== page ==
David H. Hackworth
5 May 1998


As a boy I knew the only thing between the beaches of my hometown and the Japanese armada was the U.S. Navy. But in late 1941, everyone worried because a lot of our fleet sat at the bottom of the Pacific Ocean.

Then our carriers miraculously escaped the Japanese pummeling at Pearl Harbor and went on to win the Battle of Midway in 1942. After that decisive fight, everyone in Santa Monica loved Navy air crews. We knew that without those heroes we'd have been slave labor.

As a soldier in Korea, I first saw those brave men in action. Their stubby Corsairs flew so low you could read the pilot's name on the side of his aircraft. They always put iron on the target, saving us line doggies more times than I can remember.

They were just as brave, daring and effective in Vietnam where once more they paid a heavy price. Thousands of Navy airmen were wounded, killed or captured doing their thing for the grunts down below.

I saw naval air in action again during the Gulf War. There, too, they were magnificent.

Today, they're deployed around the globe, including on two carriers in the Gulf -- only a hair trigger away from another shootout.

Sadly, since the Gulf War ended, Naval aviation has been falling apart. It's not just overworked and undermanned, it has lost its heart. Large numbers of aircraft are down for lack of parts, pilots are not flying enough hours to remain proficient and air crew quality has taken a back seat to politics and bad senior leadership. Air crews are quitting in droves because of an atmosphere poisoned by political correctness and top brass who won't fight it.

Last week Commander Scott Stewart sounded off. He told the Navy's top admiral that his elite F-14D squadron was not fit to fly and submitted a seldom used General Use Naval Hazard Report. In it he said that of his 14 aircraft, only two were "mission capable."

Stewart bravely said that he doesn't have spare parts, his pilots are only flying ten hours a month and his combat readiness has slipped off the radar screen.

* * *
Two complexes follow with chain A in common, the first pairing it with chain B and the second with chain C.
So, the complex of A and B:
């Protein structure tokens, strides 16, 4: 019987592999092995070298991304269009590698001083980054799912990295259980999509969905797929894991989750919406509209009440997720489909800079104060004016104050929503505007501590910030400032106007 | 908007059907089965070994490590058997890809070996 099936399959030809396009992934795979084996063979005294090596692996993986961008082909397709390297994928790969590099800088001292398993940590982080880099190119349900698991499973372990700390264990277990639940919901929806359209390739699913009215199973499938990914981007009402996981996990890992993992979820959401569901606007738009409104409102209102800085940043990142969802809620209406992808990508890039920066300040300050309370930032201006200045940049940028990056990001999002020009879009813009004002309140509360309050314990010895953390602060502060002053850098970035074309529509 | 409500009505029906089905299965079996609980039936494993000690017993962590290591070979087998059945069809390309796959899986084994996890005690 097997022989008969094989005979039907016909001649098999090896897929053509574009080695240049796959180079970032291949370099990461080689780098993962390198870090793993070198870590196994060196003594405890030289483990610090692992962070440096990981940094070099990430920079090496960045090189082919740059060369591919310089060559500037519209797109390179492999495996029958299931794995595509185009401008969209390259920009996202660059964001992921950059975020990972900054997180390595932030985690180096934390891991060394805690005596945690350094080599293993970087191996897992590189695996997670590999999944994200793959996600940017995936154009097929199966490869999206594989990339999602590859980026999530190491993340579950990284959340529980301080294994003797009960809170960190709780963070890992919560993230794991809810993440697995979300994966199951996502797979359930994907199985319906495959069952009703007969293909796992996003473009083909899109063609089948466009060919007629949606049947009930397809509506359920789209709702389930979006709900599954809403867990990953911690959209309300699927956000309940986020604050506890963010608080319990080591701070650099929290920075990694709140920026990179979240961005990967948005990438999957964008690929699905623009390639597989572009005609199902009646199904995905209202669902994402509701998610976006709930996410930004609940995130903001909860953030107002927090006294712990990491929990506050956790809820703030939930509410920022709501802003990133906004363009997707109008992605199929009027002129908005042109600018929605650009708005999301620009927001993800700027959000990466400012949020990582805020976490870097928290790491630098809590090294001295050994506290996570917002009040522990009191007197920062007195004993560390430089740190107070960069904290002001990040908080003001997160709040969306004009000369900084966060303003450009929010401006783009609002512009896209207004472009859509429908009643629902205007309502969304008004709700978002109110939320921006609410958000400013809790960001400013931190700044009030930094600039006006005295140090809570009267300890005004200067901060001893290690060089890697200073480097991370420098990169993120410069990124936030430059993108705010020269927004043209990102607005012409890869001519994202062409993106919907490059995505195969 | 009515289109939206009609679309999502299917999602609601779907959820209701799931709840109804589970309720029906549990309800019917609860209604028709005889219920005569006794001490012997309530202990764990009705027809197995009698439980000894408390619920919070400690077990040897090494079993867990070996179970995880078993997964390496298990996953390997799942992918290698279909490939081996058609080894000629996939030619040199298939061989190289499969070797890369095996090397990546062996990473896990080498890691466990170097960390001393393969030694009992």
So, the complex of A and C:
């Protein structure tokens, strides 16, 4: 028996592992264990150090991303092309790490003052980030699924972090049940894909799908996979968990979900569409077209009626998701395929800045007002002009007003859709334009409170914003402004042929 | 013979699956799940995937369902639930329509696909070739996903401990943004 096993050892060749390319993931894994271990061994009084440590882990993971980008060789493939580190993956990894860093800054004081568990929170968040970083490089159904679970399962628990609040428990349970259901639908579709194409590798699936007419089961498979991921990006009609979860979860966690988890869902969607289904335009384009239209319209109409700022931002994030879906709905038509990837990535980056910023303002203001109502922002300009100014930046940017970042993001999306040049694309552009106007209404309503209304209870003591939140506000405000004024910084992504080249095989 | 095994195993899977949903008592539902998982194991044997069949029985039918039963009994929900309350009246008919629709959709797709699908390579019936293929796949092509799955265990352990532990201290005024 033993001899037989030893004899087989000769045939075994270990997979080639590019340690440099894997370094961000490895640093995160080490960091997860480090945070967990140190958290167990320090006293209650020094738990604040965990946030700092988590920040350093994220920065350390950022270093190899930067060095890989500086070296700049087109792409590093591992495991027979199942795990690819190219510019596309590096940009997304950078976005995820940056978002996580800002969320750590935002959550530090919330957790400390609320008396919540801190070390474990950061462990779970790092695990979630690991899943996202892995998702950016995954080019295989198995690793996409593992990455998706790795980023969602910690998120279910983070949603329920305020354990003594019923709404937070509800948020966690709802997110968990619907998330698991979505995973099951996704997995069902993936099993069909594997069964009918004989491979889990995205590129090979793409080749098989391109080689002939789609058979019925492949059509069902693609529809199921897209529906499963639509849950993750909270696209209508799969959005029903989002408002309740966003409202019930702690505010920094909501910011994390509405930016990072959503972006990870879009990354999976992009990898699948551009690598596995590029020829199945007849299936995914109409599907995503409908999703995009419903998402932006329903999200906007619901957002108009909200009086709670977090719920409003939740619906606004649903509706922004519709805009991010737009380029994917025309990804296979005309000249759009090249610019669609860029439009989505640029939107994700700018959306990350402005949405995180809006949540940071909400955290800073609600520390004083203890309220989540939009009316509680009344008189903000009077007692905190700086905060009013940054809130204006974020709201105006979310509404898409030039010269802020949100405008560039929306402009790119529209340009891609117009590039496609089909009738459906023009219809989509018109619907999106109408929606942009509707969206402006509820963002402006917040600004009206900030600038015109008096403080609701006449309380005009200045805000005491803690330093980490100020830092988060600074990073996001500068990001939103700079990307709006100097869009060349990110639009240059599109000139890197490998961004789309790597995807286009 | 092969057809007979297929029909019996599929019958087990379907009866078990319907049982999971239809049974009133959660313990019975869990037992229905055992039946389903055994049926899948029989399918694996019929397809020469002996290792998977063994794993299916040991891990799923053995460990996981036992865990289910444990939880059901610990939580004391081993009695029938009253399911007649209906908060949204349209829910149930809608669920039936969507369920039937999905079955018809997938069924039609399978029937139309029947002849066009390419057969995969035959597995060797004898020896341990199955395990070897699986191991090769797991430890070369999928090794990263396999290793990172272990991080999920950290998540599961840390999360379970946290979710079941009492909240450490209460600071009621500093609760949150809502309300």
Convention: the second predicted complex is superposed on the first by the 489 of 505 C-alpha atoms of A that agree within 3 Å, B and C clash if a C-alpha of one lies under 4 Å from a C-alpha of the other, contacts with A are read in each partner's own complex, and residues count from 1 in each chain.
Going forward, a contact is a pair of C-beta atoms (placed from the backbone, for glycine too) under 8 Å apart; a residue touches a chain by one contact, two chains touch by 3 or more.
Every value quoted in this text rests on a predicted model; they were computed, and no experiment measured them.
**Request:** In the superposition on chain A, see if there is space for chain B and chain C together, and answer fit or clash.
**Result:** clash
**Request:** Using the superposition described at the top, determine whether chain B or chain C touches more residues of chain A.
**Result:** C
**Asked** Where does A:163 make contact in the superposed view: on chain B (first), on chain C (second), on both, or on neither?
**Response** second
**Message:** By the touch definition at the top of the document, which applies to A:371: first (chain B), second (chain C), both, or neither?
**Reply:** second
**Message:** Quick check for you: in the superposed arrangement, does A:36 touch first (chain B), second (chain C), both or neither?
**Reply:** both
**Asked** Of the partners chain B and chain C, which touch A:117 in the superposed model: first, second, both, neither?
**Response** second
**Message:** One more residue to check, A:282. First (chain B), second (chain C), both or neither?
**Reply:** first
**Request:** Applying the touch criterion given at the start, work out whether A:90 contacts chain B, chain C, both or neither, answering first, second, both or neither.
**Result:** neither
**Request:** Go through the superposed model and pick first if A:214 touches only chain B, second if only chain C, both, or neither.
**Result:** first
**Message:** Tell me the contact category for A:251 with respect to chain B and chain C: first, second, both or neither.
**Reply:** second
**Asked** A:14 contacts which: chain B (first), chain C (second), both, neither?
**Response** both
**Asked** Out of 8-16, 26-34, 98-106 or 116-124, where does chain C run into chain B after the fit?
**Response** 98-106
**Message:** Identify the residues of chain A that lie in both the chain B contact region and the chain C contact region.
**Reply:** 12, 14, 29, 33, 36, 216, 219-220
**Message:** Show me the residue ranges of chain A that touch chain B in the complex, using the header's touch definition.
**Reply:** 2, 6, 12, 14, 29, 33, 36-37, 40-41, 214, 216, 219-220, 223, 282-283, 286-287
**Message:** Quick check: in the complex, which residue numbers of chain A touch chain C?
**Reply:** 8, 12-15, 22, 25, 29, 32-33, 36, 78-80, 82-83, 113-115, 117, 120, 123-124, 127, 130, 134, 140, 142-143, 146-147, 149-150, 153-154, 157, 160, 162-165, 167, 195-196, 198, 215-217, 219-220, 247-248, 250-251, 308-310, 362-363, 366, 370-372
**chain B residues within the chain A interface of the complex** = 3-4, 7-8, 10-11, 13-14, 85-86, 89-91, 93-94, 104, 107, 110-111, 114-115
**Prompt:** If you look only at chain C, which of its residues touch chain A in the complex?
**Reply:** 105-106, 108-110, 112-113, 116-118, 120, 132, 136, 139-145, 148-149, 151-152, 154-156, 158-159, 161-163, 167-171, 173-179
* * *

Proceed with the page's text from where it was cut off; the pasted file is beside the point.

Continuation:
He said in his official report -- a copy of which was sent to me by e-mail from a pilot in another squadron -- "I strongly believe that it is my duty to protect my aircrews and maintainers. Living at the end of the parts food chain can present difficult challenges and obstacles that may be unmanageable We no longer have the tools to do our job. We must provide aircrews with the requisite flights to get them 'combat ready' safely."

Commander Stewart is known as a stand up kind of guy. I am sure he is. It takes special courage to be a Naval aviator. It took a lot of courage too to sound off and tell his leaders the hard truth. Let's hope the top brass don't shoot the messenger but rather look hard at what's happened to naval aviation.

At how, for example, politics has allowed women and minorities to be awarded gold wings to fill quotas when they're not qualified to fly Naval aircraft. Pilots like Lt. Kara Hultgreen, who crashed her F-14 and died while trying to land on the USS Lincoln. An aviation safety officer said "We sure had a rash of problems with her Stuff male pilots would have lost their wings over."

Navy brass tried to cover up the crash in the interest of political correctness and got caught. They lied, claiming the accident was caused because of engine failure rather than pilot failure.

If the brass have any doubt about what they've done, they should take a look at the June PLAYBOY. It features Naval Flight Officer Frederica Spilman baring all. Air crew who have flown with her say the Annapolis graduate was "unsatisfactory" up in the sky, but "great company at sea."

A pilot asks, "Do you think after this article she could perform her duties on a six month carrier deployment with 5,000 horny sailors aboard? Sure she could - just like pigs take off from short runways!"

Admiral Raymond A. Spruance, the air skipper at Midway, must be rolling in his grave when he sees what's happened to his beloved naval air.